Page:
Theresa Riggi: The Tragedy of Personality Disorder

The idea of this blog was intended to be an excuse to get away from the serious stuff of mental health writing and training and throw a few curve balls at some of the weird and hopefully amusing stuff that pops into my head rather too often than is healthy. But occasionally there will be more serious and sometimes darker corners that I’d like to explore, especially if it offers the reader a little lifeboat of clarity in the very choppy waters of psychiatry and the tidal waves of jargon, myth and sometimes utter shite that pours out of our web browsers and many other places besides.

I spent many years working with people who had done very, very bad things and had ended up in secure psychiatric units and prisons, but even I am still occasionally stopped in my tracks by a news story that almost defies belief. Today three men have been remanded in custody following the death of an elderly couple. They were stabbed and battered with a hammer. Perhaps you, like me, even tried to imagine yourself hitting an elderly person with a sharp, heavy lump of metal on the end of a handle. But thankfully most of us (self included) don’t get further than a fleeting micro-second on this thought before returning thankfully to irritation with the Royal Wedding or deciding whether to have Couscous or Maccy D for dinner. Most of us will often settle for the idea that such offences are the result of being drunk, high on drugs, desperate for money to buy drugs, or insanity. Nice simple responses to unimaginably evil stuff is a comforting way of keeping the bad people out and returning to our normal, uncomplicated lives.

But perhaps even further beyond our everyday comprehension is the idea of a woman stabbing her three children to death. Yesterday Theresa Riggi was sentenced to 16 years imprisonment after pleading guilty to the charge of culpable homicide on the grounds of diminished responsibility. It’s probably natural to feel even more astonished about this than the Wolverhampton killings allegedly committed by three homeless men. After all, Riggi is a woman and a mother. From the little we can glean from the news reports, she is a reasonably well-heeled, middle class woman who appears in the dock not in the tracky-bottoms and hoop earrings of our stereotype ‘bad girl’ but a smart, tailored white suit, flowing blond hair and immaculate make-up. The image of the woman who has stabbed her three children doesn’t just jar with our expectations but blows them out of the water with an almighty bang.

Putting our social stereotypes to one side for a moment, it may also seem very strange to most people that a person can be found guilty of a crime, given a prison sentence and yet their responsibility for the crime is in some way ‘diminished’. Well I’m no lawyer and can’t claim to try and explain the legal mechanics of the case, which under Scottish law operate a little differently than those in the rest of the UK. But as a mental health professional, writer and trainer I’ve spent many years explaining (some would rightly say ‘trying’ to explain) something called Personality Disorder, the diagnosis applied to Riggi and the reason why her crimes were ascribed to something other than either mental illness on the one hand, or ‘free will’ on the other. And this is my contribution to helping the confused reader feel a little less confused about what is a very poorly misunderstood area of mental health.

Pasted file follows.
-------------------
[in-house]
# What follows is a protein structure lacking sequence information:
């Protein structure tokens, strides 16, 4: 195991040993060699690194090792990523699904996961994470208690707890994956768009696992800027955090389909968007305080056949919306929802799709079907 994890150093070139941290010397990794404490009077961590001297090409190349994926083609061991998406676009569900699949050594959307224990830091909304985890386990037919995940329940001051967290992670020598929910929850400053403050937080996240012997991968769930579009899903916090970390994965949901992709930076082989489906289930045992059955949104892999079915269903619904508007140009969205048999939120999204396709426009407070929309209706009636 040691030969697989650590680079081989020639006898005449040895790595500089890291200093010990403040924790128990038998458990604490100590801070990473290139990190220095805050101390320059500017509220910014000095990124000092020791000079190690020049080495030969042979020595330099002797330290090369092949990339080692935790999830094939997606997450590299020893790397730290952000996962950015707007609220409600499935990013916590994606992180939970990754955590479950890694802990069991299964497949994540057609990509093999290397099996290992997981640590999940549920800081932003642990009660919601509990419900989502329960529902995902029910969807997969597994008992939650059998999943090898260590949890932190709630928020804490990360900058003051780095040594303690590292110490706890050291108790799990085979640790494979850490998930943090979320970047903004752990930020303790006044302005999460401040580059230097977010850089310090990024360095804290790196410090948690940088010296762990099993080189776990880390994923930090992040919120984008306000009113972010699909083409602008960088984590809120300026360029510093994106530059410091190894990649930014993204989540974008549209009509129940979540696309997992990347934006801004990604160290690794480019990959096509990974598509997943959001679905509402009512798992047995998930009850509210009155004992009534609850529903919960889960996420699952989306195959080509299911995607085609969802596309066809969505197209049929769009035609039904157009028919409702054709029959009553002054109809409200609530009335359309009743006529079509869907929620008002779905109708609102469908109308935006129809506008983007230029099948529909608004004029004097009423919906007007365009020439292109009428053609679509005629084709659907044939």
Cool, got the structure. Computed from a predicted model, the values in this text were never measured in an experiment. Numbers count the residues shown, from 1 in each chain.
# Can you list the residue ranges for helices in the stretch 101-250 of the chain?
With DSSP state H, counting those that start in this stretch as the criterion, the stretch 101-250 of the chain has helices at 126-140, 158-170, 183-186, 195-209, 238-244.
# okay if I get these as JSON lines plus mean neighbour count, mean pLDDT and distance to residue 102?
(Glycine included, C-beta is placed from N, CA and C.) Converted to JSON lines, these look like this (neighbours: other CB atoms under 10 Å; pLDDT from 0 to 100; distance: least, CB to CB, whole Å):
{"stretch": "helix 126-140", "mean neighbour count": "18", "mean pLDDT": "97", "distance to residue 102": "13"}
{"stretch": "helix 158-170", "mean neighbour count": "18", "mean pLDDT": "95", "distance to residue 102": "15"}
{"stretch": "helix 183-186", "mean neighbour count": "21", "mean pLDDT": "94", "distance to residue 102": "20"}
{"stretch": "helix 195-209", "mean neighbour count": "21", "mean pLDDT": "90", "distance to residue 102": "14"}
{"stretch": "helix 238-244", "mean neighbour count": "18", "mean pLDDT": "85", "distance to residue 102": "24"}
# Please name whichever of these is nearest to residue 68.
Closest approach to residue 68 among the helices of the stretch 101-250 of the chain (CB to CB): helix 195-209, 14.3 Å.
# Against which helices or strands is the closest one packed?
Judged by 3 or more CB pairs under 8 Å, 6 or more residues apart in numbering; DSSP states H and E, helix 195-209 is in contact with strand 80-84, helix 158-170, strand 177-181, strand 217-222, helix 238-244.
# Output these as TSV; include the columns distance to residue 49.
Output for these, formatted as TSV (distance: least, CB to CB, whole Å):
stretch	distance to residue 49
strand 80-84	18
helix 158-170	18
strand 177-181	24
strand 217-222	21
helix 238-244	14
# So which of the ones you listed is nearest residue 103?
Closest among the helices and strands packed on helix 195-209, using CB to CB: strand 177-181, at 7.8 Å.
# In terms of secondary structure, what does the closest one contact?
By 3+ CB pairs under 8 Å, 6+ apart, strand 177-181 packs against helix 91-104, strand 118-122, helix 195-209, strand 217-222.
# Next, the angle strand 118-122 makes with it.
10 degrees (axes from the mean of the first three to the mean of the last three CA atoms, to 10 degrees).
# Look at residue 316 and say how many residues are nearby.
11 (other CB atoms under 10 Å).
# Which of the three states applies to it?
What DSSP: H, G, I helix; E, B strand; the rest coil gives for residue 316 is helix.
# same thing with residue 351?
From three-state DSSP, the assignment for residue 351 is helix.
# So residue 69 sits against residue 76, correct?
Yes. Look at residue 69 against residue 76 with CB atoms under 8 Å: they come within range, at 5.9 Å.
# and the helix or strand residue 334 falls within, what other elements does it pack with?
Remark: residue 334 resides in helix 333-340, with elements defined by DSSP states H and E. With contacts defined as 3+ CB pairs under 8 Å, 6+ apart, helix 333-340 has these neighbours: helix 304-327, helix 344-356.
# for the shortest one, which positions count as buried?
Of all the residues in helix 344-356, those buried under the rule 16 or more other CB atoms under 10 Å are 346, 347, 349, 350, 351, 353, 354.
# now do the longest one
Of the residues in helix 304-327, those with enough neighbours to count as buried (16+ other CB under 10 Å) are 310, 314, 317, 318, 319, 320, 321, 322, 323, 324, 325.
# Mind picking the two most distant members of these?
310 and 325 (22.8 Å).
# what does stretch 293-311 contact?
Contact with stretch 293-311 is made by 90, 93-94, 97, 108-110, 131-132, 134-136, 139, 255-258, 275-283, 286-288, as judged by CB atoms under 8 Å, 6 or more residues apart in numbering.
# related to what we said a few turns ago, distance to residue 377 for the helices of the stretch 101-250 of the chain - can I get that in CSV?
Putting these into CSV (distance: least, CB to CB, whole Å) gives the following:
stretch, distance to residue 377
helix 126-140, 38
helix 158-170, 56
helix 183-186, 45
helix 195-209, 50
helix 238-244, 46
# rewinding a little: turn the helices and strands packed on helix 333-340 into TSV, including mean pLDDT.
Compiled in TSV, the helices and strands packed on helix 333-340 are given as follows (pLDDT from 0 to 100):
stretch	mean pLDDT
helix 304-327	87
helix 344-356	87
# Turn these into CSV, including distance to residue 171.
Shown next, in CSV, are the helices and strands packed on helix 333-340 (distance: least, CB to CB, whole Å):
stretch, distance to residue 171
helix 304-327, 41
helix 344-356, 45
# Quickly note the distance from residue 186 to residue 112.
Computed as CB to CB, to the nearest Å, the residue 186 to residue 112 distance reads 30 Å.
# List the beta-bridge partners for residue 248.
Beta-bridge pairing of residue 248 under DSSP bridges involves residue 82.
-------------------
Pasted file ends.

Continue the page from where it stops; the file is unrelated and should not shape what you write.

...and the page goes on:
Theresa Riggi will have been examined by psychiatrists who provide a medical report to the court. Had the psychiatrists found evidence that she believed she was being controlled by God or receiving messages from an alien mothership, heard voices in her head telling her to kill her children and had been behaving erratically prior to the homicides they might well have concluded that there was evidence of a severe mental illness contributing to what she had done. After a great deal more investigation and more concrete evidence than the hypotheticals I’ve mentioned here, they might have recommended to the court that she receive treatment in a secure hospital or psychiatric unit as opposed to the determinate prison sentence she received.

But her behaviour was not explained by a ‘psychotic’ illness such as Schizophrenia, Bipolar Disorder or severe Depression (I’ll write about these at a later date, but Introducing Mental Health: A Practical Guide might help if you can’t wait) and nor was it described as the result of an otherwise ‘normal’ person with a ‘normal’ personality.

Okay, I’ve been running courses long enough to know exactly what you’re asking now: “What is a ‘normal’ personality?” Well for the moment I’d suggest typing that one into Google AFTER you’ve finished reading this AND had several Expressos because it’s a very mysterious question and way out of the scope of this article. Lets just say if you’re reasonably nice to children and animals, enjoy your life, get on well with others and don’t fantasise about doing weird stuff with power tools – you’re probably reasonably ‘normal’. Theresa Riggi was not considered normal and was diagnosed with three different forms of Personality Disorder.

So what exactly is this ‘Personality Disorder’ thing? Anyone who has ever read a tabloid newspaper or watched CSI has some idea of what a Psychopath is. They are bad people who do nasty things. The word ‘Psychopath’ is closely related to Personality Disorder and until 2007 formed part of our own UK Mental Health Act, but is no longer used by mental health professionals other than on those odd occasions when we need a shorthand way of saying ‘person with Personality Disorder’ and we think nobody else is listening. Not terribly PC and not academically correct but much quicker than reciting the full six syllables of Pers-on-ality Dis-or-der, so for the purpose of this article I’ll do what I normally do in training and ask for permission to use a jargon abbreviation: PD. Permission granted? Thank you.

In the same way that we use ‘Dementia’ as a convenient umbrella term for example, Alzheimers Disease or Vascular Dementia, PD is also an umbrella term for a number of different types of disorder which mental health professionals refer to these as ‘sub-categories’ of PD. I prefer to call these ‘flavours’ which include some of the better known diagnoses such as Borderline PD and Anti-Social PD as well as the lesser known Schizoid, Schizotypal, Dependent or Avoidant.